English critic and poet, eldest son of Thomas Warton (see below), was baptized at Dunsfold, Surrey, on the 22nd of April 1722, and entered Winchester school on the foundation in 1735. William Collins was already there, and the two formed a friendship which was maintained through their Oxford career. They read Milton and Spenser together, and wrote verses, which, published in the Gentleman’s Magazine, attracted the attention of Dr Johnson. Warton went to Oriel College, Oxford, in 1740, and took his B.A. degree in 1744. He took holy orders, and during his father’s lifetime acted as his curate at Basingstoke. He then went to Chelsea, London; but eventually returned to Basingstoke. He married, ... more »
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Joseph Warton Poems
Ode to Music
Queen of every moving measure, Sweetest source of purest pleasure, Music; why thy powers employ Only for the sons of joy?
Verses on a Butterfly
Fair Child of Sun and Summer! we behold With eager eyes thy wings bedropp'd with gold; The purple spots that o'er thy mantle spread, The sapphire's lively blue, the ruby's red,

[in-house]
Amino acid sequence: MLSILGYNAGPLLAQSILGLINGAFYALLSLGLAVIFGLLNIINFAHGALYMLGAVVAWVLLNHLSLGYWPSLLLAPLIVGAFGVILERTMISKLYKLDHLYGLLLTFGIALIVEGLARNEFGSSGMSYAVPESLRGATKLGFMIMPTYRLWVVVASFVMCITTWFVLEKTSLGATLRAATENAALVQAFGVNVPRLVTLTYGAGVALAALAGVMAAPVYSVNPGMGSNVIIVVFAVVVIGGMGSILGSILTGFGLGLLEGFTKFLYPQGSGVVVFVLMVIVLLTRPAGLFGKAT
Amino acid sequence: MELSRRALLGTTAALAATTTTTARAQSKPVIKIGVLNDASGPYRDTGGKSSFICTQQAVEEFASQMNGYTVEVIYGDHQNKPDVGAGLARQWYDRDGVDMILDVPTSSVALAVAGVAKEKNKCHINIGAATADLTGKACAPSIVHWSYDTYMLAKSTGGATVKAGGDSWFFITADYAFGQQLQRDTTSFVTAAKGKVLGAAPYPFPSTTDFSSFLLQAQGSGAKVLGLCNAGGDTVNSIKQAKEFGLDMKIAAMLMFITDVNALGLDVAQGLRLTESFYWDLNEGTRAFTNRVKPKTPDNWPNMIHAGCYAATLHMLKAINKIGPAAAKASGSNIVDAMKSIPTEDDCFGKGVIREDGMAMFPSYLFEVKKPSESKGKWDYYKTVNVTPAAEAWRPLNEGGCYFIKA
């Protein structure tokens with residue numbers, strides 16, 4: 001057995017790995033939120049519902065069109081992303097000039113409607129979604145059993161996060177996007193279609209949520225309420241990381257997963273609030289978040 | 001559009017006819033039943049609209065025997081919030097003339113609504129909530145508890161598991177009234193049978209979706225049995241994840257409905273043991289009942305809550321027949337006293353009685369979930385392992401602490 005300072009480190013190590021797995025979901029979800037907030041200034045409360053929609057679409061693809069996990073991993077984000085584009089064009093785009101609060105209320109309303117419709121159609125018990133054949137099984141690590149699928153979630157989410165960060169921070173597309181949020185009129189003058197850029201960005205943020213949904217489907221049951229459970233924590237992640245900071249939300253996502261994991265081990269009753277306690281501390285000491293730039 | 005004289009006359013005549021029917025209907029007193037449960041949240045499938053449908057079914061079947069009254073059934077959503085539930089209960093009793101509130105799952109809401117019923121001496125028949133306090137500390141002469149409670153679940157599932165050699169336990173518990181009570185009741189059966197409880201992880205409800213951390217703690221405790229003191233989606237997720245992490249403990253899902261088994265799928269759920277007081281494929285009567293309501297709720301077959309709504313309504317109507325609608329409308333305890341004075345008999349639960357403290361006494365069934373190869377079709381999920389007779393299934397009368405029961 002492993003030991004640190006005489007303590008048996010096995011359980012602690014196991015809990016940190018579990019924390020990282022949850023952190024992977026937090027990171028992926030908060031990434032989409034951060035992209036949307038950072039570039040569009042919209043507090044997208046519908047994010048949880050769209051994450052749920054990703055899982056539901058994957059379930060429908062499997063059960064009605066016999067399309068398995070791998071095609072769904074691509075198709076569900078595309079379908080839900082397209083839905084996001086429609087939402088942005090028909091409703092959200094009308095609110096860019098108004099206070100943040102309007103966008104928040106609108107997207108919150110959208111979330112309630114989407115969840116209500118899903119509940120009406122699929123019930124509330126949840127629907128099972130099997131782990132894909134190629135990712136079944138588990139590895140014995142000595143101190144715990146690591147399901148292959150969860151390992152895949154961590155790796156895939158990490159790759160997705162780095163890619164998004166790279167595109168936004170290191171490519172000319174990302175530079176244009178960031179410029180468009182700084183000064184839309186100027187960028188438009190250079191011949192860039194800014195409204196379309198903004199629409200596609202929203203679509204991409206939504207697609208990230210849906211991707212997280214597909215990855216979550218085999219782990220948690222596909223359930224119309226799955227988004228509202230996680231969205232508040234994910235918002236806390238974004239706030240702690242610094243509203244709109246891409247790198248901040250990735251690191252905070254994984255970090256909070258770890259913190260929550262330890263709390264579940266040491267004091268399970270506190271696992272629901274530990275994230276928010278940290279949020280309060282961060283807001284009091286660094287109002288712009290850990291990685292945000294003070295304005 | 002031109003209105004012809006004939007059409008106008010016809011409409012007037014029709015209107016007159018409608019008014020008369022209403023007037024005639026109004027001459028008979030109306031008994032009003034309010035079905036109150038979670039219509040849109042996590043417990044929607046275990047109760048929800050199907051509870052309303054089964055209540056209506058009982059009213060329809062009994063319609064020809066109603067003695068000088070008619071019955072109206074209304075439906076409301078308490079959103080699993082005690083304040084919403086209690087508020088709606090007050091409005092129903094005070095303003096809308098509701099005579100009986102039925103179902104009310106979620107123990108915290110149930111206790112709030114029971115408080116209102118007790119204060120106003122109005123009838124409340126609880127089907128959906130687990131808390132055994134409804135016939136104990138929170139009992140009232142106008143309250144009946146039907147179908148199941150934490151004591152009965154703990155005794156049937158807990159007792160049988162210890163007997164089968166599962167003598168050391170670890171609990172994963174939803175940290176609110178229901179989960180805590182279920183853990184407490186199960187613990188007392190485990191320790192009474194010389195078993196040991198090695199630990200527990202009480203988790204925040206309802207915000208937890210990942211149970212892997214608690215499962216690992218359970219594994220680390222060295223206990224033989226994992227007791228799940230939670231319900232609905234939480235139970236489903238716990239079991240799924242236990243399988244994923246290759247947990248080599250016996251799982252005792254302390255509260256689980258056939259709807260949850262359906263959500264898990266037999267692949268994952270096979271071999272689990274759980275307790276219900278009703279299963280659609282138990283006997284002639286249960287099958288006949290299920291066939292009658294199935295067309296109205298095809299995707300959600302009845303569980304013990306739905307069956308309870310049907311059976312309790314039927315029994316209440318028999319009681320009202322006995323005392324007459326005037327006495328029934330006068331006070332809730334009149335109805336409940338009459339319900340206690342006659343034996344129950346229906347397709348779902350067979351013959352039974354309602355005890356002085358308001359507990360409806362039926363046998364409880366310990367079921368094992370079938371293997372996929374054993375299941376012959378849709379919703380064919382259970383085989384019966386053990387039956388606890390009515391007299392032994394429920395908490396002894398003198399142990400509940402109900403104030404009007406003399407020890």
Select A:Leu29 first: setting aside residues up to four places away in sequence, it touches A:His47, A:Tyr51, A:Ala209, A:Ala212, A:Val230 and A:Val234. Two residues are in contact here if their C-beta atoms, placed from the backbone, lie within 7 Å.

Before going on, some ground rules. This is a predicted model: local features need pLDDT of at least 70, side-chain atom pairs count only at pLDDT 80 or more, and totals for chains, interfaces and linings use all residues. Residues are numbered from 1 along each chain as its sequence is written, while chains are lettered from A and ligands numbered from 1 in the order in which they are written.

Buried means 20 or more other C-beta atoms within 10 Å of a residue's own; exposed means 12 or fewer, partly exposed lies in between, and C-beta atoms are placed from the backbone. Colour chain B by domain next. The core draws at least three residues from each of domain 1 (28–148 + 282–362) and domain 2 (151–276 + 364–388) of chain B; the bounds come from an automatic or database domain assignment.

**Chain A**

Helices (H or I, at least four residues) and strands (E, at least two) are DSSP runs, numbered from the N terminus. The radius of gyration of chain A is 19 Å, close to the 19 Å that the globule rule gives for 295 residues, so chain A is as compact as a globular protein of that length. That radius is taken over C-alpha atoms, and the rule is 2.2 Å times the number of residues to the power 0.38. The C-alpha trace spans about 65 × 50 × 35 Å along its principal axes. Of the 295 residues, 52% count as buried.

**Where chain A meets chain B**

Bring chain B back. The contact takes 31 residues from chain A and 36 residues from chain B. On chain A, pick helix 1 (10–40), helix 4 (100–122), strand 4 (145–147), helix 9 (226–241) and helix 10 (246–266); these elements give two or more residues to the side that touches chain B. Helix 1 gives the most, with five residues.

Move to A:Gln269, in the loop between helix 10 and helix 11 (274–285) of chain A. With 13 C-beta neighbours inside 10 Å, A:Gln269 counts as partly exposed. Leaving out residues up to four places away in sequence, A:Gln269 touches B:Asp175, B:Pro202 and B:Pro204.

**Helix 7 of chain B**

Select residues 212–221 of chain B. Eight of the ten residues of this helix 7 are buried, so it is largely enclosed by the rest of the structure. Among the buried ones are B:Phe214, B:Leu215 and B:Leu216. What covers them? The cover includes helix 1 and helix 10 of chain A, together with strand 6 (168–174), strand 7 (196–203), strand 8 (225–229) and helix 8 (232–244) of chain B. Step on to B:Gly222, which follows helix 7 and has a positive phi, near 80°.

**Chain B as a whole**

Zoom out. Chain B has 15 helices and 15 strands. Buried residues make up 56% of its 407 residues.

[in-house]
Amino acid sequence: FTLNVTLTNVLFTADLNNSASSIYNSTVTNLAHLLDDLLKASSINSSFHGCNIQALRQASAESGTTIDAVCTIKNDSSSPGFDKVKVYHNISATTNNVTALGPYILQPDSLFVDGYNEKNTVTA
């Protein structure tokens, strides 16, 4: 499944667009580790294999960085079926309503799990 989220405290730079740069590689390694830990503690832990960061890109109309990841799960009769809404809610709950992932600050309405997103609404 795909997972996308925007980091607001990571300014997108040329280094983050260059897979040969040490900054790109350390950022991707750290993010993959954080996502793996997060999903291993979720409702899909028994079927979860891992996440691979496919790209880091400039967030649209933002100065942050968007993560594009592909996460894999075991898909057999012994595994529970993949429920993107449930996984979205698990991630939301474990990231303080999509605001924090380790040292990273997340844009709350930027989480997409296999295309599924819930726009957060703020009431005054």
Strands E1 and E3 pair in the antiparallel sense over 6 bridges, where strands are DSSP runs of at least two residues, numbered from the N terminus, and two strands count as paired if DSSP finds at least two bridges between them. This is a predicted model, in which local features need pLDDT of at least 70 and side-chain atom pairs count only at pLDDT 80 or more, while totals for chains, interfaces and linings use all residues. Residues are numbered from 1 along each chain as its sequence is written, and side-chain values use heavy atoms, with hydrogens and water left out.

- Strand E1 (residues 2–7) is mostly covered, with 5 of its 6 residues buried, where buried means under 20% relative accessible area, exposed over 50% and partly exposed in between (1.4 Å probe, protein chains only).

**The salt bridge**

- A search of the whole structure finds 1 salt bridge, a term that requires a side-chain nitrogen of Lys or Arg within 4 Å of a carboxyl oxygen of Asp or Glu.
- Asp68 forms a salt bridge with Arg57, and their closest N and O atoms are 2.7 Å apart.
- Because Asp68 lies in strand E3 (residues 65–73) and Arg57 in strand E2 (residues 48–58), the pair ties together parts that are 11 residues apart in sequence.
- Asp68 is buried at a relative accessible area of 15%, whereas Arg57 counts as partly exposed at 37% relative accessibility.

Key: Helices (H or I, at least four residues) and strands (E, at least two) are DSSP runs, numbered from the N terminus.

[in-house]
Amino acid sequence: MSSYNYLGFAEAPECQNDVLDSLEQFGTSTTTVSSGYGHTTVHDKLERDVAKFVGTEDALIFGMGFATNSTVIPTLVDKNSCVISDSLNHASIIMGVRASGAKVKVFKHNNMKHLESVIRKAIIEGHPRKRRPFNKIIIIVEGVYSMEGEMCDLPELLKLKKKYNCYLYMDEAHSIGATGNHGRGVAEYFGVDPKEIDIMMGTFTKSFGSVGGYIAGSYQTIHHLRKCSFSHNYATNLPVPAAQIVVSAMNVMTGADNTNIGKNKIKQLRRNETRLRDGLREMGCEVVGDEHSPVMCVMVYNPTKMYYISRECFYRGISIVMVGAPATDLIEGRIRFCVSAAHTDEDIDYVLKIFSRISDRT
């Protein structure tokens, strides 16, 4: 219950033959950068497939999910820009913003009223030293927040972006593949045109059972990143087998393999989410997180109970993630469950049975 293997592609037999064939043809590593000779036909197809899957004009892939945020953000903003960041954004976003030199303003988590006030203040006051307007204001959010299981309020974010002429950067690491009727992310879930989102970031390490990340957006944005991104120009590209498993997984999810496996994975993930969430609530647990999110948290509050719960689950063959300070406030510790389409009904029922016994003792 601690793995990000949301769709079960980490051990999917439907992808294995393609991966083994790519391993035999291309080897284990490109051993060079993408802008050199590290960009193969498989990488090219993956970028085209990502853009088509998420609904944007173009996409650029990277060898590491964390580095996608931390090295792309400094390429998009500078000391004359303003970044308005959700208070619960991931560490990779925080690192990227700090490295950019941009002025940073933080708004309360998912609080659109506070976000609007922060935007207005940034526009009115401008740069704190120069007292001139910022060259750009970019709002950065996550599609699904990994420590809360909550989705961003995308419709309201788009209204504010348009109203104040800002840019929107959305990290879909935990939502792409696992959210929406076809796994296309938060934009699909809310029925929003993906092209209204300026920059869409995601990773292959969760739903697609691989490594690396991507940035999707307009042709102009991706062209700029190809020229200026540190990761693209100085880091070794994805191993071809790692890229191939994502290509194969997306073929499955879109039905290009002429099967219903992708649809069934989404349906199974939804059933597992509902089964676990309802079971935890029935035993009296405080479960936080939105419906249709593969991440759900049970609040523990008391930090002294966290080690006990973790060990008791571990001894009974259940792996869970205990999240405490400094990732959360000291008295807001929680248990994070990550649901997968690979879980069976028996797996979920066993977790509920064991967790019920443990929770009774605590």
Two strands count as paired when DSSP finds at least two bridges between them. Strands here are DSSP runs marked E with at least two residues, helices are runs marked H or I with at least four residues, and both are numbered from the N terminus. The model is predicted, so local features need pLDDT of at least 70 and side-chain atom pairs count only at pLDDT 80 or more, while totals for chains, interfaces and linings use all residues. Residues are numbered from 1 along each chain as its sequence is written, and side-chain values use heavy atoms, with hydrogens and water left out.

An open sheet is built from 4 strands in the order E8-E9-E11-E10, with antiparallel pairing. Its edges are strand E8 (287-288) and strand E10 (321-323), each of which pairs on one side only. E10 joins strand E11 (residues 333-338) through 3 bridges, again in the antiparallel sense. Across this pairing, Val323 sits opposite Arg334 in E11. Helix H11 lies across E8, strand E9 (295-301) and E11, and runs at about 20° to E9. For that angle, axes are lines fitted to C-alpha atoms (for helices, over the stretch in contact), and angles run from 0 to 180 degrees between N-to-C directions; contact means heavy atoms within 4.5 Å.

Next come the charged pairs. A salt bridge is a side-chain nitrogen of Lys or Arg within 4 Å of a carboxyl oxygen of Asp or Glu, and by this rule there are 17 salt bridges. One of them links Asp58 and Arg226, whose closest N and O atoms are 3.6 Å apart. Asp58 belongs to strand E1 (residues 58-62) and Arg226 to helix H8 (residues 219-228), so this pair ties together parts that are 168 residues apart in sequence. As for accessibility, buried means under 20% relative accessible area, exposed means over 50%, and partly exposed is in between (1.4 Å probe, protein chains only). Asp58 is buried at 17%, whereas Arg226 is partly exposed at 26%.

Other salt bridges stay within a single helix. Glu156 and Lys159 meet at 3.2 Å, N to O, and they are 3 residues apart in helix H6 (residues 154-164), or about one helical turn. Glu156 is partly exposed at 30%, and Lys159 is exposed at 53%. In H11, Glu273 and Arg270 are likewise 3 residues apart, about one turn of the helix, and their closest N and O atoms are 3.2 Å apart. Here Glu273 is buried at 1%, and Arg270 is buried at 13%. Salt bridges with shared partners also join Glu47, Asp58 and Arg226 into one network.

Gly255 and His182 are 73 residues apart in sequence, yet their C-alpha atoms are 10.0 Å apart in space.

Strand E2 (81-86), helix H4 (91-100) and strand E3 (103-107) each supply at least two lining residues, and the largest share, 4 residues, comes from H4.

The Enthusiast, or the Lover of Nature
Ye green-rob'd Dryads, oft' at dusky Eve By wondering Shepherds seen, to Forests brown, To unfrequented Meads, and pathless Wilds, Lead me from Gardens deckt with Art's vain Pomps.
Ode to Fancy
O parent of each lovely Muse, Thy spirit o'er my soul diffuse, O'er all my artless songs preside, My footsteps to thy temple guide.
Ode to a Lady on the Spring
Lo! Spring, array'd in primrose-colour'd robe, Fresh beauties sheds on each enliven'd scene, With show'rs and sunshine cheers the smiling globe, And mantles hill and vale in glowing green.
Comments about Joseph Warton
(4 April 1928 - 28 May 2014)
(March 26, 1874 – January 29, 1963)
(10 December 1830 – 15 May 1886)
(26 April 1564 - 23 April 1616)
(12 July 1904 – 23 September 1973)
Edgar Allan Poe
(19 January 1809 - 7 October 1849)
(1 February 1902 – 22 May 1967)
(16 August 1920 – 9 March 1994)
(31 May 1819 - 26 March 1892)
Ode to Music
Queen of every moving measure,
Sweetest source of purest pleasure,
Music; why thy powers employ
Only for the sons of joy?
Only for the smiling guests
At natal or at nuptial feasts?
Rather thy lenient numbers pour
On those whom secret griefs devour;
Bid be still the throbbing hearts
Of those, whom death, or absence parts,
And, with some softly whisper'd air,
Smooth the brow of dumb despair.